The judge has issued an apology as key issues remain unresolved and another delay involves the embezzlement trial of former manager Guy Sebastian.
The judge at the trial of former manager Guy Sebastian has apologized to the jury after “problems” resulted in less than 90 minutes of testimony on Thursday.
Titus Day pleaded not guilty to 50 counts of fraudulently embezzling nearly $900,000 in royalties, performances, and ambassadorial fees allegedly owed to the singer.
Mr. Sebastian, the trial’s main witness, ended his testimony on Tuesday after seven days of interrogation.
His former accountant, Dorcas Kemp, began testifying on Wednesday, but before her return on Thursday afternoon, jurors spent the morning cooped up in a room while Mr Day’s attorney and Crown Attorney David Morters dealt with legal matters.
When jurors were admitted to trial, Judge Tim Hartelmann SC said he was “acutely aware” of how frustrating the situation was.
“There was a problem that the parties had to deal with before the evidence could proceed,” he explained.
“I hope you will agree that I forced you to return as soon as we were practically able to continue collecting evidence.
“The issues have not been fully resolved. I expect there will come a point where we can’t go any further today until some further investigation or verification is done before the end of the day.”
Ms. Kemp returned to the witness stand to answer questions from Mr. Morters about a series of email exchanges and financial transactions.
She told the court that, despite repeated attempts to obtain information about the costs from Mr. Day – about the costs associated with work in the amount of about $ 500,000, which Mr. Sebastian received for performing at four Taylor Swift concerts – the details are as follows. and were not provided.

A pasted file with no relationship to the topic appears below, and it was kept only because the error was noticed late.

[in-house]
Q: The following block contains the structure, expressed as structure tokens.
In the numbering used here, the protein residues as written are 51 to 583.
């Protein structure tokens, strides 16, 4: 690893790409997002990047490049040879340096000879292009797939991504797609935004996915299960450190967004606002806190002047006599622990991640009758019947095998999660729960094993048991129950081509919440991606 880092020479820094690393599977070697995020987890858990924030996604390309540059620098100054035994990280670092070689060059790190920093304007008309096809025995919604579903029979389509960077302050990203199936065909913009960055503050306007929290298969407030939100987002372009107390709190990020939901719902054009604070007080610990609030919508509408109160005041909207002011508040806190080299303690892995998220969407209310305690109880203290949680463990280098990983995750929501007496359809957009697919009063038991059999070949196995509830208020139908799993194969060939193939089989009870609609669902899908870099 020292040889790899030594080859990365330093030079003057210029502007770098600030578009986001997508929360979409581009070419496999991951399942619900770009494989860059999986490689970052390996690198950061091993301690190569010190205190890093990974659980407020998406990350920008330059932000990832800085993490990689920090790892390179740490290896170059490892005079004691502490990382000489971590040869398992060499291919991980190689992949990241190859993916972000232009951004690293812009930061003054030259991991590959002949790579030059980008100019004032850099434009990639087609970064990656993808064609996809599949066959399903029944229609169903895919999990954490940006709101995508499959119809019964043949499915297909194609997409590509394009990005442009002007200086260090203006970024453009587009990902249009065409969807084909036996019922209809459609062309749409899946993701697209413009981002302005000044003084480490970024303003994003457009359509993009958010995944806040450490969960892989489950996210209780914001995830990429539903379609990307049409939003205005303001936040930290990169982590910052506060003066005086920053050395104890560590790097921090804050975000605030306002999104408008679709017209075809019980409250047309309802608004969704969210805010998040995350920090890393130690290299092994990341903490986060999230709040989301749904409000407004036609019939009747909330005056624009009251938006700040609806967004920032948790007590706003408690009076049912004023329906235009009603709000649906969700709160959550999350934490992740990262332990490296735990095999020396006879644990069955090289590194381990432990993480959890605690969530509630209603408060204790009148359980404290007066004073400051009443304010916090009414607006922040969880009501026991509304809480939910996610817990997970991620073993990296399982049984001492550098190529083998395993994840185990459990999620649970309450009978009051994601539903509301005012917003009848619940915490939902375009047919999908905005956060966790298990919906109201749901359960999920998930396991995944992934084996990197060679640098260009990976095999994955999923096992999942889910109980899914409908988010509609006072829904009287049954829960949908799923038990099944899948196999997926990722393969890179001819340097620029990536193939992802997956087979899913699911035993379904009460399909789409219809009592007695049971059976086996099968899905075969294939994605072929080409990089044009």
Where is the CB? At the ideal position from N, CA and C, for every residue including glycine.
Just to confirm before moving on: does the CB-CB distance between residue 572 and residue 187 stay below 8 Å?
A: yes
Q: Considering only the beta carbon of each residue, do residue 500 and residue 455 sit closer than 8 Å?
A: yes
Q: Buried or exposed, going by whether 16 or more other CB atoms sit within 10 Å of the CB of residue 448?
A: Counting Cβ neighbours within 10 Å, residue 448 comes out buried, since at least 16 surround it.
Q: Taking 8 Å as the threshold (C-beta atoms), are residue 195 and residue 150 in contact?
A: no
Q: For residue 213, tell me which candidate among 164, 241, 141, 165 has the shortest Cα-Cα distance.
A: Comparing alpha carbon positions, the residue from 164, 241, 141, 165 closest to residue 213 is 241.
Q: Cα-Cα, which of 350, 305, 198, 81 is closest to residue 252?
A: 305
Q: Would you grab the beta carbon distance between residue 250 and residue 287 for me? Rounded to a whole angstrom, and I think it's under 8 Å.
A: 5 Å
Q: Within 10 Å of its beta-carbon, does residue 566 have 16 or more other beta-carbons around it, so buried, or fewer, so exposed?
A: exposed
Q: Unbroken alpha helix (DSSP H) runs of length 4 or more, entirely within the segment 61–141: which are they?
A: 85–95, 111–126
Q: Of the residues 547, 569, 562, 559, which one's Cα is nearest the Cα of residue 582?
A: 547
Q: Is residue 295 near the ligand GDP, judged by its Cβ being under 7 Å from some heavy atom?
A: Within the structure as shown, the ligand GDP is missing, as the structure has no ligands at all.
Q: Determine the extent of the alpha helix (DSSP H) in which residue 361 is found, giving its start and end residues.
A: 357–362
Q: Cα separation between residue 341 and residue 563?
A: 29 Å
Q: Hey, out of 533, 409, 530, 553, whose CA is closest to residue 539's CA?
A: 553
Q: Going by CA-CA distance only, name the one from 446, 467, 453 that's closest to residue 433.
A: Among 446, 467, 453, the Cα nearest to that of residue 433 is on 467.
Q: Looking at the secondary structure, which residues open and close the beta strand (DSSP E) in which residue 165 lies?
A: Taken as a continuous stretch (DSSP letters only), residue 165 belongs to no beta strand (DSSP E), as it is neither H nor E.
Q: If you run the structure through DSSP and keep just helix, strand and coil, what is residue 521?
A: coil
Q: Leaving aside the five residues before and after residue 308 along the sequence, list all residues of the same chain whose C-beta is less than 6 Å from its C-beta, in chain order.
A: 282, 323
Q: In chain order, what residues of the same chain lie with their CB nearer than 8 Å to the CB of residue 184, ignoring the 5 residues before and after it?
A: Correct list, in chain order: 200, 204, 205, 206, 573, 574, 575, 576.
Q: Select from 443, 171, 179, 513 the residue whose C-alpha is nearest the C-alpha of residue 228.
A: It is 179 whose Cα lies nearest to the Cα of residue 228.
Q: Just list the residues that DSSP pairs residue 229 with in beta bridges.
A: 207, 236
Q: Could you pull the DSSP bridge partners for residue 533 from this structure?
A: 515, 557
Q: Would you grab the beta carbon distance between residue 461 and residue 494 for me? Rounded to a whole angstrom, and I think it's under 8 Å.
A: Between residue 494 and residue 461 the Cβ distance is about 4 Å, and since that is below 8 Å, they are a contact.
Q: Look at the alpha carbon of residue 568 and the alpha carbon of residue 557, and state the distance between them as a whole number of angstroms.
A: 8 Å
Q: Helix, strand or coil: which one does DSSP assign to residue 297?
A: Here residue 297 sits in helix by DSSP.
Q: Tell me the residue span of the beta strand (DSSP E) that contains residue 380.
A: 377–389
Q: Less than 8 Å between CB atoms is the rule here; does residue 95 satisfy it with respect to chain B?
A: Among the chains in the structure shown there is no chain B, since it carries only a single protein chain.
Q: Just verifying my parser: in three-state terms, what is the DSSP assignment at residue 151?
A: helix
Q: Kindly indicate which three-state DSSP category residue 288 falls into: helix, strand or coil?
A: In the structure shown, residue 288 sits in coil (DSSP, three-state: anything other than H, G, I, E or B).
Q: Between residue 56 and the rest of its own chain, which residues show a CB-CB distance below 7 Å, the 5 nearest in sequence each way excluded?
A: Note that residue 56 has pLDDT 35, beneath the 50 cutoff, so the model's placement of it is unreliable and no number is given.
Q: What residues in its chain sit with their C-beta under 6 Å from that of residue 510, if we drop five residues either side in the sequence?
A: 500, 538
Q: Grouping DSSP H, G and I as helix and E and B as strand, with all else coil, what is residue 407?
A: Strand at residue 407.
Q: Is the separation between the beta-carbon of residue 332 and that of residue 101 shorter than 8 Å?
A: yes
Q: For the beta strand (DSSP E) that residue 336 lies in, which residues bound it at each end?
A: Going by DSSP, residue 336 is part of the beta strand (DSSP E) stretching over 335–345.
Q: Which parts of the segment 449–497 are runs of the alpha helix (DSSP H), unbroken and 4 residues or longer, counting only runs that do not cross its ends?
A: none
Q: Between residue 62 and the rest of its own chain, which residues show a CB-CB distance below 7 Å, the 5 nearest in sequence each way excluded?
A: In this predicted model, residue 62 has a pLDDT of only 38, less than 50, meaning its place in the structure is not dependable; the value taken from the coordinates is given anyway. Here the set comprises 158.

It is alleged that part of the amount Mr. Day is charged with was cash owed to Mr. Sebastian for Taylor Swift’s work.
The court heard when Mr. Day was asked to provide details to Ms. Kemp and her colleagues, he wrote an email saying: “Just letting you know that I’m working on it…it’s taking a little time, I’ll do it as soon as possible “. .
During Ms. Kemp’s testimony, Mr. Sebastian’s new manager, Jennifer Fontaine, briefly appeared on screens in the courtroom.
Judge Hartelmann stopped the trial for a moment while Ms. Fonteyn turned off her camera and continued to observe the trial from a remote location.
Moments later, Mr. Morters said he could not continue to ask for evidence, and the trial was halted.
Judge Hartelmann told jurors that what they saw in the courtroom was just “the tip of the iceberg” when it came to trial work.
“Once again, we apologize for the delays… sometimes it is unavoidable, despite the best efforts of the parties,” he said.
The latest delay occurred after the first judge appointed to preside over the trial Judge Peter Zahra SCdied just a few days after the start of the trial.
Mr Sebastian also contracted Covid-19 and was unable to testify for seven days.
After Judge Hartlemann took office, an ambulance was called to Sydney’s Downing Center, where the trial is taking place, as one of the jurors was suspected of having an allergic reaction to food.
Mr Morters later contracted the virus and was forced out of isolation in Melbourne.
The trial will resume on Friday.